Thinking from first principles
I have noticed is that successful people find value in unexpected places, and they do this by thinking about business from first principles instead of formulas
Types of progress
Horizontal or extensive progress means copying things that work going from 1 to n. Horizontal progress is easy to imagine because we already know what it looks like. Vertical or intensive progress means doing new things going from 0 to 1. Vertical progress is harder to imagine because it requires doing something nobody else has ever done.
an exponential growth rate. Of course, this customer acquisition strategy was unsustainable on its own when you pay people to be your customers, exponential growth means an exponentially growing cost structure.
The most contrarian thing of all is not to oppose the crowd but to think for yourself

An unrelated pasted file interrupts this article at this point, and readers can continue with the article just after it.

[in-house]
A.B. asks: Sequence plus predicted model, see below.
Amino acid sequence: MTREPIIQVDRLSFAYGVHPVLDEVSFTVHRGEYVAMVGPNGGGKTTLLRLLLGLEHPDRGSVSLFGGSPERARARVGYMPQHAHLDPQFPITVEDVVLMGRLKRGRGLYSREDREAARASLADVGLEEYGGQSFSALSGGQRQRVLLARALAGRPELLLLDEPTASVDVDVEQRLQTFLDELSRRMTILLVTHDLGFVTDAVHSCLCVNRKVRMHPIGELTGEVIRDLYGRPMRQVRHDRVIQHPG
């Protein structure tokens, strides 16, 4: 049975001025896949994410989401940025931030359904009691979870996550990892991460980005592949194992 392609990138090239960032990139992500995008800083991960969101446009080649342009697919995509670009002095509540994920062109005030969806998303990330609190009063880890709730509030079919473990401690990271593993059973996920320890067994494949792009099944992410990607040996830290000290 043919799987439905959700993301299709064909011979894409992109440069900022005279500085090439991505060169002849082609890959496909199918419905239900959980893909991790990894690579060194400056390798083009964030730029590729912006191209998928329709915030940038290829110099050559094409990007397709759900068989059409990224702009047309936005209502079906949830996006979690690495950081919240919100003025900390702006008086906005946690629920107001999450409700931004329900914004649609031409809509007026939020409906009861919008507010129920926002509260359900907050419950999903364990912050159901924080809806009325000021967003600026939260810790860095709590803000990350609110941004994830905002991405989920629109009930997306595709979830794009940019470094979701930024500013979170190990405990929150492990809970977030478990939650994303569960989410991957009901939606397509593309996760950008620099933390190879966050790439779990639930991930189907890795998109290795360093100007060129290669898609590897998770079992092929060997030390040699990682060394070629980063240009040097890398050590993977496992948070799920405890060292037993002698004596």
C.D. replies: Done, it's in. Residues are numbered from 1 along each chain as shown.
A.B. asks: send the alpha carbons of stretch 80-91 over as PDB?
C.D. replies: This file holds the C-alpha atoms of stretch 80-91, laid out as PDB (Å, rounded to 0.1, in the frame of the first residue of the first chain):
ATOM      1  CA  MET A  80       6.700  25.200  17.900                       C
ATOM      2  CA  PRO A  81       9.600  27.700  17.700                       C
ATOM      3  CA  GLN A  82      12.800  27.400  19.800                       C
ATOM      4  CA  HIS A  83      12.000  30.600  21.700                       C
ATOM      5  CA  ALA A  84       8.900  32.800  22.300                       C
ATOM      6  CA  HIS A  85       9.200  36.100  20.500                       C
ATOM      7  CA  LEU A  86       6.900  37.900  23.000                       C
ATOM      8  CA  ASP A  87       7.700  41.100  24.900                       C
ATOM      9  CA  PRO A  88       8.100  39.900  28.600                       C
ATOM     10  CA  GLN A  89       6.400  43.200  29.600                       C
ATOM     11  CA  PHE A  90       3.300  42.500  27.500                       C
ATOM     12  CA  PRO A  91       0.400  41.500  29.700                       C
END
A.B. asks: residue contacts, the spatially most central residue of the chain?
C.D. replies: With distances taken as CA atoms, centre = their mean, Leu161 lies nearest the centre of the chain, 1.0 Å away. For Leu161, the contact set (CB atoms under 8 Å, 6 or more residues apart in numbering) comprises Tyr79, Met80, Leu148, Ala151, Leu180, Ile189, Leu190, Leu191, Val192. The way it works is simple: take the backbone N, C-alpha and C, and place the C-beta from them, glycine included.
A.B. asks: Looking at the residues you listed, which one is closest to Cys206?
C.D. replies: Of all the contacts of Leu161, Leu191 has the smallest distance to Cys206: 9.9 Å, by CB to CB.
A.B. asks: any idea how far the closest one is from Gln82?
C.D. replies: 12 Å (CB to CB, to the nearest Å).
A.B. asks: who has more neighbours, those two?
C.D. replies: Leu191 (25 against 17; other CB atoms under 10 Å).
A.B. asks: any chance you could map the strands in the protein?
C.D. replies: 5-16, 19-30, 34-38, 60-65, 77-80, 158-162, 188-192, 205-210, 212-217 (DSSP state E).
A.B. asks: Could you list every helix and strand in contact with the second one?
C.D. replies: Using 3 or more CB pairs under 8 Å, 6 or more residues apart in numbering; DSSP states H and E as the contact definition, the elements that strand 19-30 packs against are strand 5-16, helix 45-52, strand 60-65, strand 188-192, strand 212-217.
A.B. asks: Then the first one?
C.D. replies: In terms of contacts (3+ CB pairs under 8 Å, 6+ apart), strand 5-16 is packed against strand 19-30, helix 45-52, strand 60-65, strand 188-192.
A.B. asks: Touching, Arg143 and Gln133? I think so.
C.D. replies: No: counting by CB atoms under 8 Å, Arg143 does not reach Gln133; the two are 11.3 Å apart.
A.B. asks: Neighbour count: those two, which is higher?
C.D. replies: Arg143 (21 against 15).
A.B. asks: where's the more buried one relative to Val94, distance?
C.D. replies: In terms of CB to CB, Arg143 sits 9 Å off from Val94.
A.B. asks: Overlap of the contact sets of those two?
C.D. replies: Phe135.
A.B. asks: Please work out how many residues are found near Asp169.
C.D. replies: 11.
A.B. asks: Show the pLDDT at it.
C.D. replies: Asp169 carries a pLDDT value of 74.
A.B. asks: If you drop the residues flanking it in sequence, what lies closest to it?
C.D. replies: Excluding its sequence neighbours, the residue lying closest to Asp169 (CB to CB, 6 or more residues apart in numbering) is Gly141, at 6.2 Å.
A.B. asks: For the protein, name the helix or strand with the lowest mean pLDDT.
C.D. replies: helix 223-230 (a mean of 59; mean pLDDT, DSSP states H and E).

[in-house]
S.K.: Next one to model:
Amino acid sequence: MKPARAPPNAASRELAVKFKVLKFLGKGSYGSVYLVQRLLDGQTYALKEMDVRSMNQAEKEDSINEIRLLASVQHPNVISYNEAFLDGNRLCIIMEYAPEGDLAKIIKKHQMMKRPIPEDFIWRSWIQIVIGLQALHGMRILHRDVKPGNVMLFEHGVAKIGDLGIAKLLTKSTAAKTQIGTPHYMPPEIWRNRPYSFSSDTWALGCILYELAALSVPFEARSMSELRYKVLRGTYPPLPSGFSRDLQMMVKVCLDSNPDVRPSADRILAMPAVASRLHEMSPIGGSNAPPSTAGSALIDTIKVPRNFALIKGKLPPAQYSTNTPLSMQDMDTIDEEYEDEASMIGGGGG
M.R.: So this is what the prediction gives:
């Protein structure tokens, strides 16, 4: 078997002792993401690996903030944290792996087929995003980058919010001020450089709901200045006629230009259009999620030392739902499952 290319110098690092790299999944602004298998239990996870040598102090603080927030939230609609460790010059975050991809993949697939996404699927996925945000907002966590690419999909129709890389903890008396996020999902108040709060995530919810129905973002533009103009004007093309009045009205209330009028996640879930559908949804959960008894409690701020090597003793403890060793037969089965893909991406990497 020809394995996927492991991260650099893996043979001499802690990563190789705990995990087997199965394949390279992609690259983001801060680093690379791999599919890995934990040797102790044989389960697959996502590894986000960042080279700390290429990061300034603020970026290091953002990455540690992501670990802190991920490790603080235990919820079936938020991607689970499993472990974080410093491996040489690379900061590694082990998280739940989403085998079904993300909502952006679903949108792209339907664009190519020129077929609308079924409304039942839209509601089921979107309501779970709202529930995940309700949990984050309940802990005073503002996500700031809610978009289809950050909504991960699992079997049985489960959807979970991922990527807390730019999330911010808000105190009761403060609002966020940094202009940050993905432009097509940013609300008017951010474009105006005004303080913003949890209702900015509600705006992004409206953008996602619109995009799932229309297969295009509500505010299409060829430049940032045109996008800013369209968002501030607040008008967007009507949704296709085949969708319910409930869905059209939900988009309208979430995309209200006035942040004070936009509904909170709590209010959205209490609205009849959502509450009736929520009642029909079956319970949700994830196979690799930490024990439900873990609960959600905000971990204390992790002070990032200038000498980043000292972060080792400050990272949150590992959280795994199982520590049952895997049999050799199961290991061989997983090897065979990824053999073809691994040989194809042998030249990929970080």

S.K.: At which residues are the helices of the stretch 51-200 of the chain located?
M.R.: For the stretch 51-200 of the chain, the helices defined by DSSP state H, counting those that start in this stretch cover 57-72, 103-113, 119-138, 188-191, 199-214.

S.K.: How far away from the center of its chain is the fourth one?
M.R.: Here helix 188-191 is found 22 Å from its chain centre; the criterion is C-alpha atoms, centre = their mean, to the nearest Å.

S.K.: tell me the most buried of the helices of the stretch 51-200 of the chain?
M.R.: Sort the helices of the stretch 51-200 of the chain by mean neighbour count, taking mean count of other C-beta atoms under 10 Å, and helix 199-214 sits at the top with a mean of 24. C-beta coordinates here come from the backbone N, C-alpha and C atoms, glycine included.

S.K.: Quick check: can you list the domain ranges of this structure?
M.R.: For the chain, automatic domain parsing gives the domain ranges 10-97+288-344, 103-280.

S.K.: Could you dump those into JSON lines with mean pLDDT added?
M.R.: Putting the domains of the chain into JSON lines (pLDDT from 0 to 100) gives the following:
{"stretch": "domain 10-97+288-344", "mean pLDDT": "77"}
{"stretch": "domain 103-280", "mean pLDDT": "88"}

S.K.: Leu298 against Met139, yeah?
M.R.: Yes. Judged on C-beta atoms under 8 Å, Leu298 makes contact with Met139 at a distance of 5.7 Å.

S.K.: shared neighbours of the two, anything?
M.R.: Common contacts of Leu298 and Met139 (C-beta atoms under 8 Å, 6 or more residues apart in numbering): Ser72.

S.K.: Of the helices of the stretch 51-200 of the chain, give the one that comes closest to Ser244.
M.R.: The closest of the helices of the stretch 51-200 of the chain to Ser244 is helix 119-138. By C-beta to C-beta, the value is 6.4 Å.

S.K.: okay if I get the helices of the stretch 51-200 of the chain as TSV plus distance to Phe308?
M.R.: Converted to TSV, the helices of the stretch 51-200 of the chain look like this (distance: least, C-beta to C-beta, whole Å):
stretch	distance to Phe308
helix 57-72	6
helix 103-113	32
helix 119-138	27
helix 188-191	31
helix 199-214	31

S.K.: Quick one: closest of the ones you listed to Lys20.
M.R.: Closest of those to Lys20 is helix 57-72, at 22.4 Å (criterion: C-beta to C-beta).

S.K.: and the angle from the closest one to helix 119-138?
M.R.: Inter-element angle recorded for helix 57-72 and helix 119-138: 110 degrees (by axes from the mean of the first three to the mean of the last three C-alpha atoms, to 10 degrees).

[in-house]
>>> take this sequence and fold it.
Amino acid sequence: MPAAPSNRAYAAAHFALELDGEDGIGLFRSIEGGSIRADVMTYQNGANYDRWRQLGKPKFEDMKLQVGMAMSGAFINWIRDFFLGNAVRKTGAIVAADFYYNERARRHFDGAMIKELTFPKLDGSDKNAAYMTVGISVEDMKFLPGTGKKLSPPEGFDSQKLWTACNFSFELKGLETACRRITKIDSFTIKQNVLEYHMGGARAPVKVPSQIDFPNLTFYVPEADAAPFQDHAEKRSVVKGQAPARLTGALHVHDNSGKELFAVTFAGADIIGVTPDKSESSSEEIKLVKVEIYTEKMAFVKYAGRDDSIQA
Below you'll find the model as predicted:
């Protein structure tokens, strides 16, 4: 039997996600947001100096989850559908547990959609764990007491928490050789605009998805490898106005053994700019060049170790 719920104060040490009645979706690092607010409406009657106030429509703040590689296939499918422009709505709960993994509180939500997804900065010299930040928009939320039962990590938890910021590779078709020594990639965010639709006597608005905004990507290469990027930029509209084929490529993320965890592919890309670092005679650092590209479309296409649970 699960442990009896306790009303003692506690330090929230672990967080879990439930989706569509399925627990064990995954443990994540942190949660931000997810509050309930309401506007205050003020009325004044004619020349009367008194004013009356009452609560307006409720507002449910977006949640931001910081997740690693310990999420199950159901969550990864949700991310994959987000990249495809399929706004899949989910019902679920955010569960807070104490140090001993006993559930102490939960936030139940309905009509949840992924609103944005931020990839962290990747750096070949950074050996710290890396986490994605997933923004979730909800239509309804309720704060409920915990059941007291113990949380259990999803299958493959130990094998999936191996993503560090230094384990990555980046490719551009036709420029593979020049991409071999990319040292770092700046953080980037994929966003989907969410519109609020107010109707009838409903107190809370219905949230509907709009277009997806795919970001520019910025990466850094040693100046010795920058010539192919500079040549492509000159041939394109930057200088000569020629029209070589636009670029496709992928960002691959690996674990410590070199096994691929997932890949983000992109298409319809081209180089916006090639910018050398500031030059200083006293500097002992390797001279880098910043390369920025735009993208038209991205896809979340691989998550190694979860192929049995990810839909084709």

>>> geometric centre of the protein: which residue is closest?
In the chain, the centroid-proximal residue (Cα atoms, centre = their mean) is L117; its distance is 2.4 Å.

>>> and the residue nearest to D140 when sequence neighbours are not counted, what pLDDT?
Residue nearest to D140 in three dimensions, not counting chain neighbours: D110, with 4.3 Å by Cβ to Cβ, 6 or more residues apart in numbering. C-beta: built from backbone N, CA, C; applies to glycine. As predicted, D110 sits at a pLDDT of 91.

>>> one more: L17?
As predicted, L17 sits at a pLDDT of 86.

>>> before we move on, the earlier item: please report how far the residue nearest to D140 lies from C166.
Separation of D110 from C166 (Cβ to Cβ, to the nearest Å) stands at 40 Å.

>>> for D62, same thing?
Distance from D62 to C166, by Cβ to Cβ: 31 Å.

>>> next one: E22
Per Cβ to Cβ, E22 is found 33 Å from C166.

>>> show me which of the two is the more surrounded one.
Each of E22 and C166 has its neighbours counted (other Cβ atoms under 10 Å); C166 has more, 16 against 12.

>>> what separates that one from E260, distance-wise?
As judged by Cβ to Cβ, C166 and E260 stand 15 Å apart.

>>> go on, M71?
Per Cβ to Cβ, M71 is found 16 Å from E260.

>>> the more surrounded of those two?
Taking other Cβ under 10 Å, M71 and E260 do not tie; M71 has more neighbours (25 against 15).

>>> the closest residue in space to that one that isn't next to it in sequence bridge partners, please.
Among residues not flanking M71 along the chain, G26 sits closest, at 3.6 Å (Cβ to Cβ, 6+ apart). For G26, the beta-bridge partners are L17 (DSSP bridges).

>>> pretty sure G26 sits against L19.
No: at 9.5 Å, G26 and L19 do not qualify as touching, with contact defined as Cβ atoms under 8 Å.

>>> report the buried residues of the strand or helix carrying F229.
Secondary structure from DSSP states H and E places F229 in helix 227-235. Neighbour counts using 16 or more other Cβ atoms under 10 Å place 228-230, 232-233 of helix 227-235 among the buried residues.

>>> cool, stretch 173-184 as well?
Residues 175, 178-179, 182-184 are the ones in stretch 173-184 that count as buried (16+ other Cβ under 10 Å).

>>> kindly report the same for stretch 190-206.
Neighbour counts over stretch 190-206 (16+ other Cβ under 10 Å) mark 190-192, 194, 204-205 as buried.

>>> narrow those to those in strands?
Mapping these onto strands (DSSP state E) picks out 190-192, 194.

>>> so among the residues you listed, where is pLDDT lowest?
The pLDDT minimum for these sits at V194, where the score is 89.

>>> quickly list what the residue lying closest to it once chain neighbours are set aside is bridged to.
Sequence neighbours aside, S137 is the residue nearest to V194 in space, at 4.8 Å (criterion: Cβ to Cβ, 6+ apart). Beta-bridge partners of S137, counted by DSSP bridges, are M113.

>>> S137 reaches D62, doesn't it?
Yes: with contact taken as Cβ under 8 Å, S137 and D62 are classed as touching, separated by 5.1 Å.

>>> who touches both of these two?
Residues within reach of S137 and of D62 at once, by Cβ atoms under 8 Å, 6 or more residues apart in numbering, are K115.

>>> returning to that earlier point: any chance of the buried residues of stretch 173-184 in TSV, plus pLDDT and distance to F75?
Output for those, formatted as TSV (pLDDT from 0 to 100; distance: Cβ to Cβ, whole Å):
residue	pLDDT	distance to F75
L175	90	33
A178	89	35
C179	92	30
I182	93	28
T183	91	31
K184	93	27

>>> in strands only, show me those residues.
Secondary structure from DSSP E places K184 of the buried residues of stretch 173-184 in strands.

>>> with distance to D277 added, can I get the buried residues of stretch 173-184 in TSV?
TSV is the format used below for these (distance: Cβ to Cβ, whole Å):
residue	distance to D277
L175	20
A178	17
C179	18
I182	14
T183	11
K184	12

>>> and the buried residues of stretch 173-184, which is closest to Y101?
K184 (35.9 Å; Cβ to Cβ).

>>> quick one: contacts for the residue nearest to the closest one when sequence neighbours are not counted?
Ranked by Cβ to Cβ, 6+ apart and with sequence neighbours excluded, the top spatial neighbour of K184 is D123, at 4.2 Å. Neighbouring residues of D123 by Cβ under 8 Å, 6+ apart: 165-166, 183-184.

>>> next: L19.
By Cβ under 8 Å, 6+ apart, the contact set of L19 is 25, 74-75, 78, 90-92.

Capitalism !== competition
Actually, capitalism and competition are opposites. Capitalism is premised on the accumulation of capital, but under perfect competition all profits get competed away. The lesson for entrepreneurs is clear: if you want to create and capture lasting value, don’t build an undifferentiated commodity business
Non-monopolists vs monopolists
Non-monopolists exaggerate their distinction by defining their market as the intersection of various smaller markets … Monopolists, by contrast, disguise their monopoly by framing their market as the union of several large markets:
But the world we live in is dynamic: it’s possible to invent new and better things. Creative monopolists give customers more choices by adding entirely new categories of abundance to the world. Creative monopolies aren’t just good for the rest of society; they’re powerful engines for making it better.
Each great business is different
Tolstoy opens Anna Karenina by observing: “All happy families are alike; each unhappy family is unhappy in its own way.” Business is the opposite. All happy companies are different: each one earns a monopoly by solving a unique problem. All failed companies are the same: they failed to escape competition.